- don’t buy at the wrong price or the wrong time. That’s what most people should do, buy a cheap index fund and slowly dollar cost average into it. If you try to be just a little bit smart, spending an hour a week investing, you’re liable to be really dumb.
- If it’s your game, diversification doesn’t make sense. It’s crazy to put money into your 20th choice rather than your 1st choice. “Lebron James” analogy. If you have Lebron James on your team, don’t take him out of the game just to make room for someone else. If you have a harem of 40 women, you never really get to know any of them well.
- Charlie and I operated mostly with 5 positions. If I were running 50, 100, 200 million, I would have 80% in 5 positions, with 25% for the largest. In 1964 I found a position I was willing to go heavier into, up to 40%. I told investors they could pull their money out. None did. The position was American Express after the Salad Oil Scandal. In 1951 I put the bulk of my net worth into GEICO. Later in 1998, LTCM was in trouble. With the spread between the on-the-run versus off-the-run 30 year Treasury bonds, I would have been willing to put 75% of my portfolio into it. There were various times I would have gone up to 75%, even in the past few years. If it’s your game and you really know your business, you can load up.
On Margin of Safety
- If you understood a business perfectly and the future of the business, you would need very little in the way of a margin of safety. So, the more vulnerable the business is, assuming you still want to invest in it, the larger margin of safety you’d need. If you’re driving a truck across a bridge that says it holds 10,000 pounds and you’ve got a 9,800 pound vehicle, if the bridge is 6 inches above the crevice it covers, you may feel okay, but if it’s over theGrand Canyon, you may feel you want a little larger margin of safety…
- 1997 Berkshire Hathaway Annual Meeting[specific citation needed]
- You leave yourself an enormous margin of safety. You build a bridge that 30,000-pound trucks can go across and then you drive 10,000-pound trucks across it. That is the way I like to go across bridges.
- Financial World, June 13, 1984.
Efficient Market Hypothesis
- I’d be a bum on the street with a tin cup if the markets were always efficient.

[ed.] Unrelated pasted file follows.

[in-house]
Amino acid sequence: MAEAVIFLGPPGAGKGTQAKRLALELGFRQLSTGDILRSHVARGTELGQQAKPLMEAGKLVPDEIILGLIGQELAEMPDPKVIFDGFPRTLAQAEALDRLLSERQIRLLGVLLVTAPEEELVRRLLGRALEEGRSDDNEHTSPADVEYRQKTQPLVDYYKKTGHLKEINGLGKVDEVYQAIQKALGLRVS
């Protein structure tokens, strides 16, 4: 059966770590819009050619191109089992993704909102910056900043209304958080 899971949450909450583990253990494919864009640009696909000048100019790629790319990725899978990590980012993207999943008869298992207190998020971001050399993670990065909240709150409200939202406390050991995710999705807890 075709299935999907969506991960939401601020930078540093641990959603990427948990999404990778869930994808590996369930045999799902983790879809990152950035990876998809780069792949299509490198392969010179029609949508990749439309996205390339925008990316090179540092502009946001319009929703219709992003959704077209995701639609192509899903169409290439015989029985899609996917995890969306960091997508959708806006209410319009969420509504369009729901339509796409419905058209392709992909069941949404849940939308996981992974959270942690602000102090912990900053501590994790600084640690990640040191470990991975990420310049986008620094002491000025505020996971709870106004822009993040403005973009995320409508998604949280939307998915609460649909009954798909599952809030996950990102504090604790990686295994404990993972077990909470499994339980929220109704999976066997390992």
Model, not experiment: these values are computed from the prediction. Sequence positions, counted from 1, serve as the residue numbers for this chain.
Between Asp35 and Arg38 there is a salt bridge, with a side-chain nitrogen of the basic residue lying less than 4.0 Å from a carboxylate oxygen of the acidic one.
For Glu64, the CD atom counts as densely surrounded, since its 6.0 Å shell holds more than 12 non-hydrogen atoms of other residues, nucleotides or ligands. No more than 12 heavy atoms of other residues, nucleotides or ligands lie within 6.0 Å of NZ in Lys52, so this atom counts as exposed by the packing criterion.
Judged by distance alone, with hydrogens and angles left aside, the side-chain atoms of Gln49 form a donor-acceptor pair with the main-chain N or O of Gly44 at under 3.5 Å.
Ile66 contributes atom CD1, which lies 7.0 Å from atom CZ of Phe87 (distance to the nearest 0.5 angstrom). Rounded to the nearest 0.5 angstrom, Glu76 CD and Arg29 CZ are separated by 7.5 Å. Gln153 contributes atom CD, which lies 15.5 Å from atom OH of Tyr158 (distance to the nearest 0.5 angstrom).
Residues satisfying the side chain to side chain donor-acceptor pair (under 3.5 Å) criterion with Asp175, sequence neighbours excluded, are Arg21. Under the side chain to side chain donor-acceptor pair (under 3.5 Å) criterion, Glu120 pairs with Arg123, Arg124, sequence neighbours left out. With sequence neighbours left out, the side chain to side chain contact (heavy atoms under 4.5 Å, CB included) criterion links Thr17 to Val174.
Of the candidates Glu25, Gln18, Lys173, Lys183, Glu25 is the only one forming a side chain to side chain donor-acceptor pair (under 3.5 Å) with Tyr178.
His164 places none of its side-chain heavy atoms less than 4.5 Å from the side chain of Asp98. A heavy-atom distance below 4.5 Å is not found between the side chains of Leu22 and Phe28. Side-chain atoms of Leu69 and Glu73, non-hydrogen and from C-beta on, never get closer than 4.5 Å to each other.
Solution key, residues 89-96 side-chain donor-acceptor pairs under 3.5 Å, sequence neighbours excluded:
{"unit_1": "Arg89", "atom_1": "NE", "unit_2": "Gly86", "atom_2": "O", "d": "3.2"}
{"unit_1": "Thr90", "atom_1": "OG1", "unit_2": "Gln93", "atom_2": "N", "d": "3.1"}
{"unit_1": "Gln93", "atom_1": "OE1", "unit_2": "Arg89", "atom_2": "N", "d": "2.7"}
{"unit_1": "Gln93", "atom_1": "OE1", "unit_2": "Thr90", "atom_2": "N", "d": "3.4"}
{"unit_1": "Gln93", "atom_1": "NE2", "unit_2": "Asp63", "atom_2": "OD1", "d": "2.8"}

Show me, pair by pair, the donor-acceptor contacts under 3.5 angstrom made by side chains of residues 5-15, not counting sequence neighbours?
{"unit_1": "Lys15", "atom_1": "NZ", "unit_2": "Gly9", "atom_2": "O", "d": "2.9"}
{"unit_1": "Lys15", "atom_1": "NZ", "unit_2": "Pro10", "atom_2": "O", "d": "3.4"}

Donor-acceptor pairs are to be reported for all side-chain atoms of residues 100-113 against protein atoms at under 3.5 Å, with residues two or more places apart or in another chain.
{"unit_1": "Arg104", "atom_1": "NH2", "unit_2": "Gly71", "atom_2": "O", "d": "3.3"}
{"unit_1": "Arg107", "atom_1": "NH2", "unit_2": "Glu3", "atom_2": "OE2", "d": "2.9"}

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- Rule No.1: Never lose money. Rule No.2: Never forget rule No.1.
- It’s far better to buy a wonderful company at a fair price than a fair company at a wonderful price.
- You’re neither right nor wrong because other people agree with you. You’re right because your facts are right and your reasoning is right—and that’s the only thing that makes you right. And if your facts and reasoning are right, you don’t have to worry about anybody else. – Ben Graham
- Our favorite holding period is forever.
- Letter to Berkshire Hathaway shareholders, 1988
- When a management with a reputation for brilliance tackles a business with a reputation for bad economics, it is usually the reputation of the business that remains intact.
- Risk comes from not knowing what you’re doing.
- If you don’t know jewelry, know the jeweler.
- If you don’t feel comfortable owning something for 10 years, then don’t own it for 10 minutes.
- There seems to be some perverse human characteristic that likes to make easy things difficult.
- One’s objective should be to get it right, get it quick, get it out, and get it over… your problem won’t improve with age.
- A public-opinion poll is no substitute for thought.
- In the insurance business, there is no statute of limitation on stupidity.
- If a business does well, the stock eventually follows.
- The most important quality for an investor is temperament, not intellect… You need a temperament that neither derives great pleasure from being with the crowd or against the crowd.
- The future is never clear, and you pay a very high price in the stock market for a cheery consensus. Uncertainty is the friend of the buyer of long-term values.
- We will only do with your money what we would do with our own.
- Occasionally, a man must rise above principles.
- It takes 20 years to build a reputation and five minutes to ruin it. If you think about that, you’ll do things differently.
- Of one thing be certain: if a CEO is enthused about a particularly foolish acquisition, both his internal staff and his outside advisors will come up with whatever projections are needed to justify his stance. Only in fairy tales are emperors told that they are naked.
- When asked how he became so successful in investing, Buffett answered: we read hundreds and hundreds of annual reports every year.
- “I never buy anything unless I can fill out on a piece of paper my reasons. I may be wrong, but I would know the answer to that. “I’m paying $32 billion today for the Coca Cola Company because…” If you can’t answer that question, you shouldn’t buy it. If you can answer that question, and you do it a few times, you’ll make a lot of money.”
- You ought to be able to explain why you’re taking the job you’re taking, why you’re making the investment you’re making, or whatever it may be. And if it can’t stand applying pencil to paper, you’d better think it through some more. And if you can’t write an intelligent answer to those questions, don’t do it.
- I really like my life. I’ve arranged my life so that I can do what I want.
- If you gave me the choice of being CEO of General Electric or IBM or General Motors, you name it, or delivering papers, I would deliver papers. I would. I enjoyed doing that. I can think about what I want to think. I don’t have to do anything I don’t want to do.